After the “anthology era,” Stan Sakai’s saga would get its very own series from Fantagraphics Books. Running 38 issues, the first Usagi Yojimbo ongoing series further fleshed out the world of anthropomorphic Japan, as well as enabling Sakai to dive deeper into his characters’ histories – starting with Miyamoto Usagi himself. With “Samurai,” Stan Sakai would reveal Usagi’s path to becoming a ronin, including the tough choices he has to make along the way.
Usagi Yojimbo Vol.1 #1 – Samurai Parts 1 & 2
Summary: Usagi engages with another in a duel for honor, claiming victory and his opponent’s life. As he is cleaning his swords, he is surprised by the appearance of his old “friend,” Gen. Usagi explains to Gen that his opponent’s name was Gunichi, and he had portrayed Usagi’s lord, Mifune. This begins a segue into Usagi’s past, beginning as a child with his old playmate, Kenichi. Usagi’s father, the town magistrate, sends both Usagi and Kenichi off to learn at the esteemed Dogora Fencing School. On their way, they come across a conflict between Dogora students and an older man named Katsuichi. After trading insults, the Dogora students rush Katsuichi, who adeptly subdues them all. Usagi is impressed, and decides to follow Katsuichi, while Kenichi thinks that to be a fools’ errand, and continues on his way to Dogora.
Now a student of Katsuichi, Usagi laments that over the course of six months, he has yet to even yield a bokken. Instead, the master continues to give his student unexpected bonks on the head – even as he sleeps. More months continue to pass, and Usagi has grown more cautious and aware of his surroundings, but still is kept performing menial tasks. At one point, he realizes Katsuichi is behind a tree, and after waiting for 15 minutes, finally goes to look. Katsuichi unloads his disappointment on Usagi, as the student knew his teacher was behind the tree and went ahead anyways. More months pass, and Usagi is chopping wood when Katsuichi launches a surprise attack with a sword. Prepared, Usagi is able to successfully parry away his master’s attacks. Satisfied, Usagi is given a bokken (wooden sword) by Katsuichi, who announces that his training will begin in earnest. After two years of training, Usagi finally manages to strike a blow on Katsuichi, who expresses his pleasure in Usagi’s progress. At this point, Usagi decides to pause on the storytelling, much to Gen’s chagrin.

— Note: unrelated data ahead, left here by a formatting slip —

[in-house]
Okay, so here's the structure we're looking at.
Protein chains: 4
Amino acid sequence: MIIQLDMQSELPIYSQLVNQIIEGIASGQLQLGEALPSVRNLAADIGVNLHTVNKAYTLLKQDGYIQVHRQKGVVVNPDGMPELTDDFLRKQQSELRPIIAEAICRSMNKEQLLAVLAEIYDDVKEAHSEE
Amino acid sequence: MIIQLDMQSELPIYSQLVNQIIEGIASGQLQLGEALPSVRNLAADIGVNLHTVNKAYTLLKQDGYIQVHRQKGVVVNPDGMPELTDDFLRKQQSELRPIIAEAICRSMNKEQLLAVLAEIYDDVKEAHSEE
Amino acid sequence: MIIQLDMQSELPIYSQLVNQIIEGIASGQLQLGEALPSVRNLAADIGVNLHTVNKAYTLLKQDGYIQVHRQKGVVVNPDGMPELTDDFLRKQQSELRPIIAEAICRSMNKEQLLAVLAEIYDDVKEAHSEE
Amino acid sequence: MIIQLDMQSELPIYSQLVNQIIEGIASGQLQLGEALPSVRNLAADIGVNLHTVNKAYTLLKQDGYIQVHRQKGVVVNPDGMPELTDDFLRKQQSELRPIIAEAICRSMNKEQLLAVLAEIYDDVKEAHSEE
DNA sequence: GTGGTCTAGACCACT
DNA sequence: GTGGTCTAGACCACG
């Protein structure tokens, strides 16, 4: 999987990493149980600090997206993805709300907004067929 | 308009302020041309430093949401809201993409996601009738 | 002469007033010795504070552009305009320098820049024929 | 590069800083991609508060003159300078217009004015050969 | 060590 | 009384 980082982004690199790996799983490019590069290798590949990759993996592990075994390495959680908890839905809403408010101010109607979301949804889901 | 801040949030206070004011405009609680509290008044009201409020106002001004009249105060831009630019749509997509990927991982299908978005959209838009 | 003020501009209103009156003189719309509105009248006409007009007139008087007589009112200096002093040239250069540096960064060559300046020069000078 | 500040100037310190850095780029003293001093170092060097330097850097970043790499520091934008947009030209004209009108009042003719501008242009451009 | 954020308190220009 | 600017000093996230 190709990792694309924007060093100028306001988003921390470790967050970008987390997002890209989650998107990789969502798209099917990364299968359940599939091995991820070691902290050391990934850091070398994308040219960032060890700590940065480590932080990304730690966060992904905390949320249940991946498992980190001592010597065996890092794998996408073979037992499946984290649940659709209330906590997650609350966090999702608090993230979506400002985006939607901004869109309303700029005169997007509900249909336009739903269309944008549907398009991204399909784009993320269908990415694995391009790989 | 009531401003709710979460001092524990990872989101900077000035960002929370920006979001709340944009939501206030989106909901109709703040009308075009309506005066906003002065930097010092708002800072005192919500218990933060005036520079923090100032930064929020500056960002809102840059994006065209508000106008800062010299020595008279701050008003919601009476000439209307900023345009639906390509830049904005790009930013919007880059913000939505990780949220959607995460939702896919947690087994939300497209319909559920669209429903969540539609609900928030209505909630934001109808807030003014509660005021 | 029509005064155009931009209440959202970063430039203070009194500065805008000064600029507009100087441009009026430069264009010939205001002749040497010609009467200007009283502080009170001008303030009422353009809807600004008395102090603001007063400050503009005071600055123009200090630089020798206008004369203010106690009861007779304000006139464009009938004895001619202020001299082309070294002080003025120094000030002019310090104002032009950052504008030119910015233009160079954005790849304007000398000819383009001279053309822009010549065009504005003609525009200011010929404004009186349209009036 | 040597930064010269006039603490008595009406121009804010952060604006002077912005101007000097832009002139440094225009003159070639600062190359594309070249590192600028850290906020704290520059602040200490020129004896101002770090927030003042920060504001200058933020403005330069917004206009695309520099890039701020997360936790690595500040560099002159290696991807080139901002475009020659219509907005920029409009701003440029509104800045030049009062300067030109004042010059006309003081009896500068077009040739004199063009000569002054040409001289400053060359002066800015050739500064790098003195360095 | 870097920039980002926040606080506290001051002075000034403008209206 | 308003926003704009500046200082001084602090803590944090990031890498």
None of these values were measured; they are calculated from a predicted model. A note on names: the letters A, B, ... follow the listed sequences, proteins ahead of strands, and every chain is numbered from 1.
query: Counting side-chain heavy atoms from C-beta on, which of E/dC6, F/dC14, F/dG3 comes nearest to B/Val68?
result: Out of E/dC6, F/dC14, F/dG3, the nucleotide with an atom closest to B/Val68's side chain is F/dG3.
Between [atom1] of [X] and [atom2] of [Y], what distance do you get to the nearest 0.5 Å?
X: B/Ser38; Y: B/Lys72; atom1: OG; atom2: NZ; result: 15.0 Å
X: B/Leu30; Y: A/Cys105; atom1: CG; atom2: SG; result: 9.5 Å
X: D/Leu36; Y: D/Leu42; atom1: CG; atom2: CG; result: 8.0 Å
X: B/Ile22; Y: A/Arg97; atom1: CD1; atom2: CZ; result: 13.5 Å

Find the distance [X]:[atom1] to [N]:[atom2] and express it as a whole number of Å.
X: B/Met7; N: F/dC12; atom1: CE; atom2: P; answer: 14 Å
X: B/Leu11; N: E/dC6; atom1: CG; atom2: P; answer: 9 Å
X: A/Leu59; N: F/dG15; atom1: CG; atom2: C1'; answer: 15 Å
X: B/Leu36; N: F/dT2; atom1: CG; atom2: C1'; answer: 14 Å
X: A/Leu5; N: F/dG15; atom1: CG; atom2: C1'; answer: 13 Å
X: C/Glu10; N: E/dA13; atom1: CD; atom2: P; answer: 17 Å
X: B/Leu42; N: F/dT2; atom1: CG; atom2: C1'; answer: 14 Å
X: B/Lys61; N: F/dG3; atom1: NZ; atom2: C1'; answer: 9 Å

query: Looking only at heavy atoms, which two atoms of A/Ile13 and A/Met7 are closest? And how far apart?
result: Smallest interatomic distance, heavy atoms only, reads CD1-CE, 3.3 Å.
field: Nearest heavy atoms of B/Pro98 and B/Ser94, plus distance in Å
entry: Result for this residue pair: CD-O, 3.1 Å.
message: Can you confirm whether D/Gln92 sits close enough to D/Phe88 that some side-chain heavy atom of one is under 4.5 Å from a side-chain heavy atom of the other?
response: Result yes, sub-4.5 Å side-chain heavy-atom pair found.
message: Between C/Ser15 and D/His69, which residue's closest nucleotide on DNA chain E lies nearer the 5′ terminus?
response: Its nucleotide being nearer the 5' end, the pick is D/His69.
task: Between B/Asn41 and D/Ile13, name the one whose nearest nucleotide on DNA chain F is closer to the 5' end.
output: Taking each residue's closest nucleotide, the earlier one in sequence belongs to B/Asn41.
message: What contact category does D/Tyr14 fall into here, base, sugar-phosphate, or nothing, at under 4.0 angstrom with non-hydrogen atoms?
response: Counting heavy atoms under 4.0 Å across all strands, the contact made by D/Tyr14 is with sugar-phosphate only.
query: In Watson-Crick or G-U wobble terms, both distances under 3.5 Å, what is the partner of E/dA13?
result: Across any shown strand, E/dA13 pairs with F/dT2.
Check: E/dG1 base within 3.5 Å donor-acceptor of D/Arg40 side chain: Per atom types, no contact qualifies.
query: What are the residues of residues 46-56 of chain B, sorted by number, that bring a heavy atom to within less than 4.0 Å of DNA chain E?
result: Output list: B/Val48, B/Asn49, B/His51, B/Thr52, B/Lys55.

Notables: First appearance of Katsuichi and the Dogora Fencing School
Musings: First of all, it’s amusing that Usagi tells Gen that Gunichi betrayed Lord Mifune only to then go all the way back to when he was a child. Then again, given how much they enjoy annoying one another, this seems pretty much in line with Usagi’s character. Given Gen’s characterization, it’s even more amusing that he’s so enraptured by Usagi’s storytelling. It’s a characteristic of the rabbit that will pop up again and again throughout the series. As for the story itself, the opening salvo is a great bit of Usagi Yojimbo action, and pulls readers immediately into the story.
Sakai kicks the storytelling up a notch once the flashback begins. We’ve had stories that highlight the differences between Usagi and his childhood friend, Kenichi. However, their differences are even more noticeable here. When Katsuichi takes down the Dogora School students, young Usagi is awestruck while Kenichi remains dismissive. Their childhood selves are reflective of their adult ways, with Usagi willing to follow whichever direction the wind takes him, while Kenichi will not waiver from his assigned duty. As a teacher, Katsuichi seems to borrow from The Karate Kid’s Mr. Miyagi, giving Usagi a strong foundation through repetition of menial tasks. While somewhat predictable, it was nonetheless satisfying to see Usagi put together the different lessons and grow as a student.
Usagi Yojimbo Vol.1 #2 – Samurai Parts 3 & 4